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mbumby
My Sleep Study 
18th-Mar-2008 04:02 pm
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I've always needed a lot of sleep. 13 hours is what I think I need. That's per night not per week. (This is not to say I get that very often. The last time I got enough sleep, waking rested, was in 2001. The time before that was 1996.)

When I was in high school, I know I was frequently late, and I seem to recall Rose, the crossing guard at my primary school scolding me for always running late.

Well, things have started to get worse -- I'm more tired -- and my spouse is referring to me as "solar powered" -- so I talked to my doc, who set me up with a Neurologist, who set me up with a sleep study last night, to be followed by a nap study today.



I left work with a couple of hours to spare. Spouse had told me that there was a Wendy's at "the" exit, but I didn't see it, so I went to the hospital and asked my GPS what was local. I "never" eat out unless it's with people other than fast food, but it mentioned Barnes Ribs, and I decided I'd give it a go. Heh. After it told me to turn down a dirt road, I had a bad feeling, and when that dirt road ended as someones driveway that feeling was confirmed. But I had seen some other things as I was driving, so I resolved to do one of them, ending up at the Chelsea Grille and ordering Chicken Marsala. The Tomato Basil soup was wonderful, the broccoli was yummy and the mashed potatoes were heavenly. Oh, and the chicken was okay too.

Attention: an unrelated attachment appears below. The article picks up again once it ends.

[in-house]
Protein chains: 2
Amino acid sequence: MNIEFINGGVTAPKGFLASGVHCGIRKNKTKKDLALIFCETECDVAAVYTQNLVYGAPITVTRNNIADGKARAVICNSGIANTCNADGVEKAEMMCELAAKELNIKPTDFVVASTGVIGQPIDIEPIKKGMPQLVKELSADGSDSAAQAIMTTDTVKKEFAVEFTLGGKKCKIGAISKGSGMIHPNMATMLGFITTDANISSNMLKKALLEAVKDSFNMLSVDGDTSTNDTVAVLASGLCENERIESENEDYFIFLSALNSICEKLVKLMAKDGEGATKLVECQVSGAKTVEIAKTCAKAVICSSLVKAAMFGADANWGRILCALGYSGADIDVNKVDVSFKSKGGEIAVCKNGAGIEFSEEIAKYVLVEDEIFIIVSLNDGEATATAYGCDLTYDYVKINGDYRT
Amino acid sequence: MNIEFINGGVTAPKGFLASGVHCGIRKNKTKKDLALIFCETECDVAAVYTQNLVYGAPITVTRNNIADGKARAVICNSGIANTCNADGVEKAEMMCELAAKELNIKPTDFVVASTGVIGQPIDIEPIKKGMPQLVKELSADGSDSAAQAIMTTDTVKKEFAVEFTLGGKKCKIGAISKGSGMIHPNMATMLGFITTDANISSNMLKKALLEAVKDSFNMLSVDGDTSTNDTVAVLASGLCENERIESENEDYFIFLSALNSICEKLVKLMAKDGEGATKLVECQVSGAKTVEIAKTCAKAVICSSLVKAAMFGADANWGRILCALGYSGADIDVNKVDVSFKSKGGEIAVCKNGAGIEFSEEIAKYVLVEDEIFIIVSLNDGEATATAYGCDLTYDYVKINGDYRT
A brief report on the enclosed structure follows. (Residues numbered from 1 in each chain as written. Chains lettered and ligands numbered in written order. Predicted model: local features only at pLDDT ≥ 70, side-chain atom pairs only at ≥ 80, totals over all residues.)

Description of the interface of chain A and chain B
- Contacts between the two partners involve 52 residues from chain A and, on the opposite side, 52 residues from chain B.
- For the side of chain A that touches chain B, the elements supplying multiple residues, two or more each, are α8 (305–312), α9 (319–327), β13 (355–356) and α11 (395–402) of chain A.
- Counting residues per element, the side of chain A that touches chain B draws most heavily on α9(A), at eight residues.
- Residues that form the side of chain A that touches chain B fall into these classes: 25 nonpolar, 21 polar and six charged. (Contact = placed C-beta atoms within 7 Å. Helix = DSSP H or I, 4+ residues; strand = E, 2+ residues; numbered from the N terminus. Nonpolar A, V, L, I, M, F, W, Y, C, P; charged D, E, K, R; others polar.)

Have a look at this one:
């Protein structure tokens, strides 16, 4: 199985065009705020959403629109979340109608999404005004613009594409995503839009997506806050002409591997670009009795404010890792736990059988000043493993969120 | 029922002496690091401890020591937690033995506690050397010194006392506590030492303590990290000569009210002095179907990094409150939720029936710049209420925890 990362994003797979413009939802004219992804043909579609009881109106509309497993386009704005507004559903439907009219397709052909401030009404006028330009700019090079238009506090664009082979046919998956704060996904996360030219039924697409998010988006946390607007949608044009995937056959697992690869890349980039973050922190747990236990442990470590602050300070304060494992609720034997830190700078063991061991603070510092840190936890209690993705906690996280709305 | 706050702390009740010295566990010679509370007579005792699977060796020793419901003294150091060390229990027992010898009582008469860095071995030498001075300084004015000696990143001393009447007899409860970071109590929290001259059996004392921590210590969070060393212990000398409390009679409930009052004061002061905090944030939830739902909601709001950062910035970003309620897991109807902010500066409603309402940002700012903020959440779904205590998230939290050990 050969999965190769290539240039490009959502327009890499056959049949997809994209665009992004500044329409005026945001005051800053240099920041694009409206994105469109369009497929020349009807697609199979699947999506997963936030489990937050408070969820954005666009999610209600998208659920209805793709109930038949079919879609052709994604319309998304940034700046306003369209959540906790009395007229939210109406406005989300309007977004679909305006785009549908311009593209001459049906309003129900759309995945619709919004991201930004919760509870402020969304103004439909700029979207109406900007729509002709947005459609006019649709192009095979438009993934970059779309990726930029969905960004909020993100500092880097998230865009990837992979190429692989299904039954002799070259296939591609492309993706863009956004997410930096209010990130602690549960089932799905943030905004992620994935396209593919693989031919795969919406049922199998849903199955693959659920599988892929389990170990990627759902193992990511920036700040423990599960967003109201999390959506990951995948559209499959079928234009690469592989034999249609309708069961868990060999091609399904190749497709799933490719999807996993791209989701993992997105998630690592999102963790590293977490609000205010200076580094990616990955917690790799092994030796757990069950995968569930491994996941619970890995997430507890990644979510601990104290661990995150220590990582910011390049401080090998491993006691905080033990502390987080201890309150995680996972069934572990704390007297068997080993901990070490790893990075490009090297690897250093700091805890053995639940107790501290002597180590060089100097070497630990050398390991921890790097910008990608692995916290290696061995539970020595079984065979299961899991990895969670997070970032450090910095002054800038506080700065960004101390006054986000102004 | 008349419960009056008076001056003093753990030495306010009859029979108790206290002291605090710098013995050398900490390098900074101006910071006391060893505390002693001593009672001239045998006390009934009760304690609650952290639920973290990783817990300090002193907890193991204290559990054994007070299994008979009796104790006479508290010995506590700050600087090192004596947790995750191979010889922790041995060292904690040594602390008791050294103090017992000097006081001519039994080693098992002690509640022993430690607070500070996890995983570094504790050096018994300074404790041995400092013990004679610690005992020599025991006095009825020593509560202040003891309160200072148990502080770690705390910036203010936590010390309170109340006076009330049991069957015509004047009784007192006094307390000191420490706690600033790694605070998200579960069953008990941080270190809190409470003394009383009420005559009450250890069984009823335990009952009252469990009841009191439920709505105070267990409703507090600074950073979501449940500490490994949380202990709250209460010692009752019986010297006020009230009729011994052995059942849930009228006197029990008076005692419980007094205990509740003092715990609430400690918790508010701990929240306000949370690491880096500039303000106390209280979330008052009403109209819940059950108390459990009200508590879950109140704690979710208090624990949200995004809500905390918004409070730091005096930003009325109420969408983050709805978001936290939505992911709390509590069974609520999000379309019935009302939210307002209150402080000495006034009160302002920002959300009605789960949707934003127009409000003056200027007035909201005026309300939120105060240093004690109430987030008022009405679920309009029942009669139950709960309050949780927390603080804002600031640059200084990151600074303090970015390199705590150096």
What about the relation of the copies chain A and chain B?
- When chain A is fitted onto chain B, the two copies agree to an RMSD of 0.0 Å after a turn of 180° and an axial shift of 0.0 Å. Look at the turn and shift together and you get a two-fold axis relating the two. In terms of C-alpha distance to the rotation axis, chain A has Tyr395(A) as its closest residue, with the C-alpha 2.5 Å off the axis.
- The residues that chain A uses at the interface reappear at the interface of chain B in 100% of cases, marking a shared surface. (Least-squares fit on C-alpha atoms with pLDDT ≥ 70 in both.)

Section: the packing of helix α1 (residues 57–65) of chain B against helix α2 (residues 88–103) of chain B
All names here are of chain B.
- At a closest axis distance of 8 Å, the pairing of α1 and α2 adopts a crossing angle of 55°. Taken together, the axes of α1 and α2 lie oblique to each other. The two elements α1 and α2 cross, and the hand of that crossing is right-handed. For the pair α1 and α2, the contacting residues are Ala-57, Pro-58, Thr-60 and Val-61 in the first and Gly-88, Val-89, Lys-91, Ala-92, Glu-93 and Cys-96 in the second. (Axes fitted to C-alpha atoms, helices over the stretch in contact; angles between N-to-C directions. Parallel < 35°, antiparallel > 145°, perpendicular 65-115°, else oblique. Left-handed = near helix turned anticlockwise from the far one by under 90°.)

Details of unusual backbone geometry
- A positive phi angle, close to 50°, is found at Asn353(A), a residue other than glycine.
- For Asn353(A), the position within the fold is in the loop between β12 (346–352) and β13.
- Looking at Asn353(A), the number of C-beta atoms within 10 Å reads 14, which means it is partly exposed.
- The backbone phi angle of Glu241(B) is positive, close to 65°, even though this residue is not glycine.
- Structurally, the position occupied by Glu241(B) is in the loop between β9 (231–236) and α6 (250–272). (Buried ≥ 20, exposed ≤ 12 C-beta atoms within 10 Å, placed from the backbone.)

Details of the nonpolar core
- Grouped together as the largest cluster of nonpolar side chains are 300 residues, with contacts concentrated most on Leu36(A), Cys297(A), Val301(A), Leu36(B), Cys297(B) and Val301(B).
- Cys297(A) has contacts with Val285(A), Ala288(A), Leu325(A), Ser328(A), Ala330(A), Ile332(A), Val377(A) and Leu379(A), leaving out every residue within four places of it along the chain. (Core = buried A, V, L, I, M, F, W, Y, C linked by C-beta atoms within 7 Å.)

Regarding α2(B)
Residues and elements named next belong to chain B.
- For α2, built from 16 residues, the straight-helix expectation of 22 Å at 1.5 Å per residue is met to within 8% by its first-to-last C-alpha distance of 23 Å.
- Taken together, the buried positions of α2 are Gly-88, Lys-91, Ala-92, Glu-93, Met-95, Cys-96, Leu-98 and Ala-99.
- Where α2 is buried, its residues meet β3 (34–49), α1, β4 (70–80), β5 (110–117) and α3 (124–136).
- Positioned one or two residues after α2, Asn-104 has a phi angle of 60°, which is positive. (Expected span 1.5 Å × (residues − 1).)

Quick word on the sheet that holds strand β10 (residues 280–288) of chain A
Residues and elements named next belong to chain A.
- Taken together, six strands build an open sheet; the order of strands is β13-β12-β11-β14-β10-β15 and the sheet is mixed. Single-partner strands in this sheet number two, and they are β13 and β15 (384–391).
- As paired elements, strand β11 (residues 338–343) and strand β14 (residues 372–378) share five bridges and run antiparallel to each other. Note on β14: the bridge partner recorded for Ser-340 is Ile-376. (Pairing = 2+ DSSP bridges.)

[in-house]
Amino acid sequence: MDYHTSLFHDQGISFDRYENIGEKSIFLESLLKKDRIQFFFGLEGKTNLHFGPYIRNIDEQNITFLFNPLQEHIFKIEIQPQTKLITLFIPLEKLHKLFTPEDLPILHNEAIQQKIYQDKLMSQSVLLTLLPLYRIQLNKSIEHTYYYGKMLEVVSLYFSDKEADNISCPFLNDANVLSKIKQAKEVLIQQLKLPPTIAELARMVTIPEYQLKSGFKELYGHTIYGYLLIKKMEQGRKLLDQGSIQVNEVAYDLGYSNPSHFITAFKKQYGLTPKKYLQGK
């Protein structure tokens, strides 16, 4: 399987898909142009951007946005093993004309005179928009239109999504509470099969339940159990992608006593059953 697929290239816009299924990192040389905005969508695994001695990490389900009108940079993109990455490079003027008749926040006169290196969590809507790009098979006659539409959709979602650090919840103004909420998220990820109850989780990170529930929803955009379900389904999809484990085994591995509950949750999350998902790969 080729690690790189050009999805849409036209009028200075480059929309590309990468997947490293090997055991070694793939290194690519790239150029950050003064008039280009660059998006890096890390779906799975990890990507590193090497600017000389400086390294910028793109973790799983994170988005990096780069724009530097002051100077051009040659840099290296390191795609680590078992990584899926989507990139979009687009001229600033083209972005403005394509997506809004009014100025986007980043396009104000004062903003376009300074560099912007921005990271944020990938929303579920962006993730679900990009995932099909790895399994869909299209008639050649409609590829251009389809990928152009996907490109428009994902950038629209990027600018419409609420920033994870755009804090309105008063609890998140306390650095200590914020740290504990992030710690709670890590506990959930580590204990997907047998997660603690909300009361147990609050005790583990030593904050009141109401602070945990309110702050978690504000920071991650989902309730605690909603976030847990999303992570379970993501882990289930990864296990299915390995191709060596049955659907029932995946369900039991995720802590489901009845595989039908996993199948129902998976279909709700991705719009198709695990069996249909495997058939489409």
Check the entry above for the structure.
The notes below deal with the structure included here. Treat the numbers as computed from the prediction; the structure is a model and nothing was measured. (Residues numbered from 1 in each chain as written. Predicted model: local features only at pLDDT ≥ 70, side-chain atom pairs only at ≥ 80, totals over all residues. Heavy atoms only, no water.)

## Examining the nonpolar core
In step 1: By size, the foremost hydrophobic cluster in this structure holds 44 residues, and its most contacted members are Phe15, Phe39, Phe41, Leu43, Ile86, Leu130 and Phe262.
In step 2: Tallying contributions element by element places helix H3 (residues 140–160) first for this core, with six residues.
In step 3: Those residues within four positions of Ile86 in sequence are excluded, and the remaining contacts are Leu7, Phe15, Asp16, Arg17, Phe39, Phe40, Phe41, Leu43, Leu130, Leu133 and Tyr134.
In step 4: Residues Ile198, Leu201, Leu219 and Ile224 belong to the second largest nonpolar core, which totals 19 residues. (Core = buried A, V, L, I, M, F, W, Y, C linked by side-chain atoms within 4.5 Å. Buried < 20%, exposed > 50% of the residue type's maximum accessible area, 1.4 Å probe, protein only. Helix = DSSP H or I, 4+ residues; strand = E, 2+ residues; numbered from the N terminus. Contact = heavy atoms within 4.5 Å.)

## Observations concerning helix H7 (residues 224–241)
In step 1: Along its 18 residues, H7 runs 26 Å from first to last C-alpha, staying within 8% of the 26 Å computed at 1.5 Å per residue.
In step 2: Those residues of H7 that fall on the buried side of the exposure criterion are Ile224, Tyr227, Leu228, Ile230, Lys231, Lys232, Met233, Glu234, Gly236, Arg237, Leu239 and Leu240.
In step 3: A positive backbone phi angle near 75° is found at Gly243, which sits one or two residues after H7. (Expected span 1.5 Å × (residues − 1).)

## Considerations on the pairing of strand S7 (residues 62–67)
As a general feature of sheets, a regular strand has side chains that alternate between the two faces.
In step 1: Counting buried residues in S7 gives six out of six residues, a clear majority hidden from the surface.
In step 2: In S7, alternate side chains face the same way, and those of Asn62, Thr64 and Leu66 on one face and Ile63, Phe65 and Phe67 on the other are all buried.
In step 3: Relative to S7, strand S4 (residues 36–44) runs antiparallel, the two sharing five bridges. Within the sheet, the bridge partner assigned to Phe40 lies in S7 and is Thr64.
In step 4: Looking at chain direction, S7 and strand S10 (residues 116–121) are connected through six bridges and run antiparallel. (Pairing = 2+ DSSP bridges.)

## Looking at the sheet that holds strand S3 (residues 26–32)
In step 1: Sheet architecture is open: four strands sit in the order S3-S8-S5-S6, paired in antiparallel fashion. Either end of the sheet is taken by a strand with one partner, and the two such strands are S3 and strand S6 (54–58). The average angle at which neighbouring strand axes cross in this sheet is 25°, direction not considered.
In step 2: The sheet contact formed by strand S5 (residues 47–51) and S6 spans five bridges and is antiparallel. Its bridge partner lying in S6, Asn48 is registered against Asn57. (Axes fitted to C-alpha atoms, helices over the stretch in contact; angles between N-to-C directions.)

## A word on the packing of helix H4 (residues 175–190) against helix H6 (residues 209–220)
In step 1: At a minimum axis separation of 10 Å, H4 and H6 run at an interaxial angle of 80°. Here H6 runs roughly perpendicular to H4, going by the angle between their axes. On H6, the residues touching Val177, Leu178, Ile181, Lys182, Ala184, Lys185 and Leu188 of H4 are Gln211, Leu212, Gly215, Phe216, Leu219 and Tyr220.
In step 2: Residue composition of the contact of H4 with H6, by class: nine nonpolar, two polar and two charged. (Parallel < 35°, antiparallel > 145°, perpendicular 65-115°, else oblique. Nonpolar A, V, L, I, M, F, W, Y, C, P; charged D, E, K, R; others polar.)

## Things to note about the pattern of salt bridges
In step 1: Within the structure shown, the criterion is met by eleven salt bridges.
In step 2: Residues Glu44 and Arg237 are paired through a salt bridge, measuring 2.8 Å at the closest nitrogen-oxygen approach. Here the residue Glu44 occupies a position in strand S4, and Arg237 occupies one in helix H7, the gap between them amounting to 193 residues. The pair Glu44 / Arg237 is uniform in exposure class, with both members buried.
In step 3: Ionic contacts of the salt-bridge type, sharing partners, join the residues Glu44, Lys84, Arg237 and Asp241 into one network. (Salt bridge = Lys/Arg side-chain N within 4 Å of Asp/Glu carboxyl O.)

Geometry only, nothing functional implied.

I got back to the hospital with about a half hour to spare, and managed to forget to bring in my overnight bag. *sigh* I rang the bell, like the sign said, and there was no acknowledgment. But someone else was waiting there, so I waited. After the 3rd person showed up I remembered my bag, still out in my car. Waited to see what they would want me to do -- should I be checked in then go get it, for example, but after the time of my appointment rolled around and I'd still seen neither hide nor hair of anyone other than patients, I said heck with it and went to get my bag.

When I got back, one of the other people was gone, so I was more comfortable waiting. The other guy was brought to his room, and then I was retrieved.

With no direction other than to get into my PJs, I put all of my stuff on the wooden chair, except my shoes, which I put under it. When the nurse came in, she had to move everything -- even the shoes. (Hmmm... I would have dressed (somewhat or) somewhere different(ly) had I realized then that the room was monitored -- I saw the camera later.)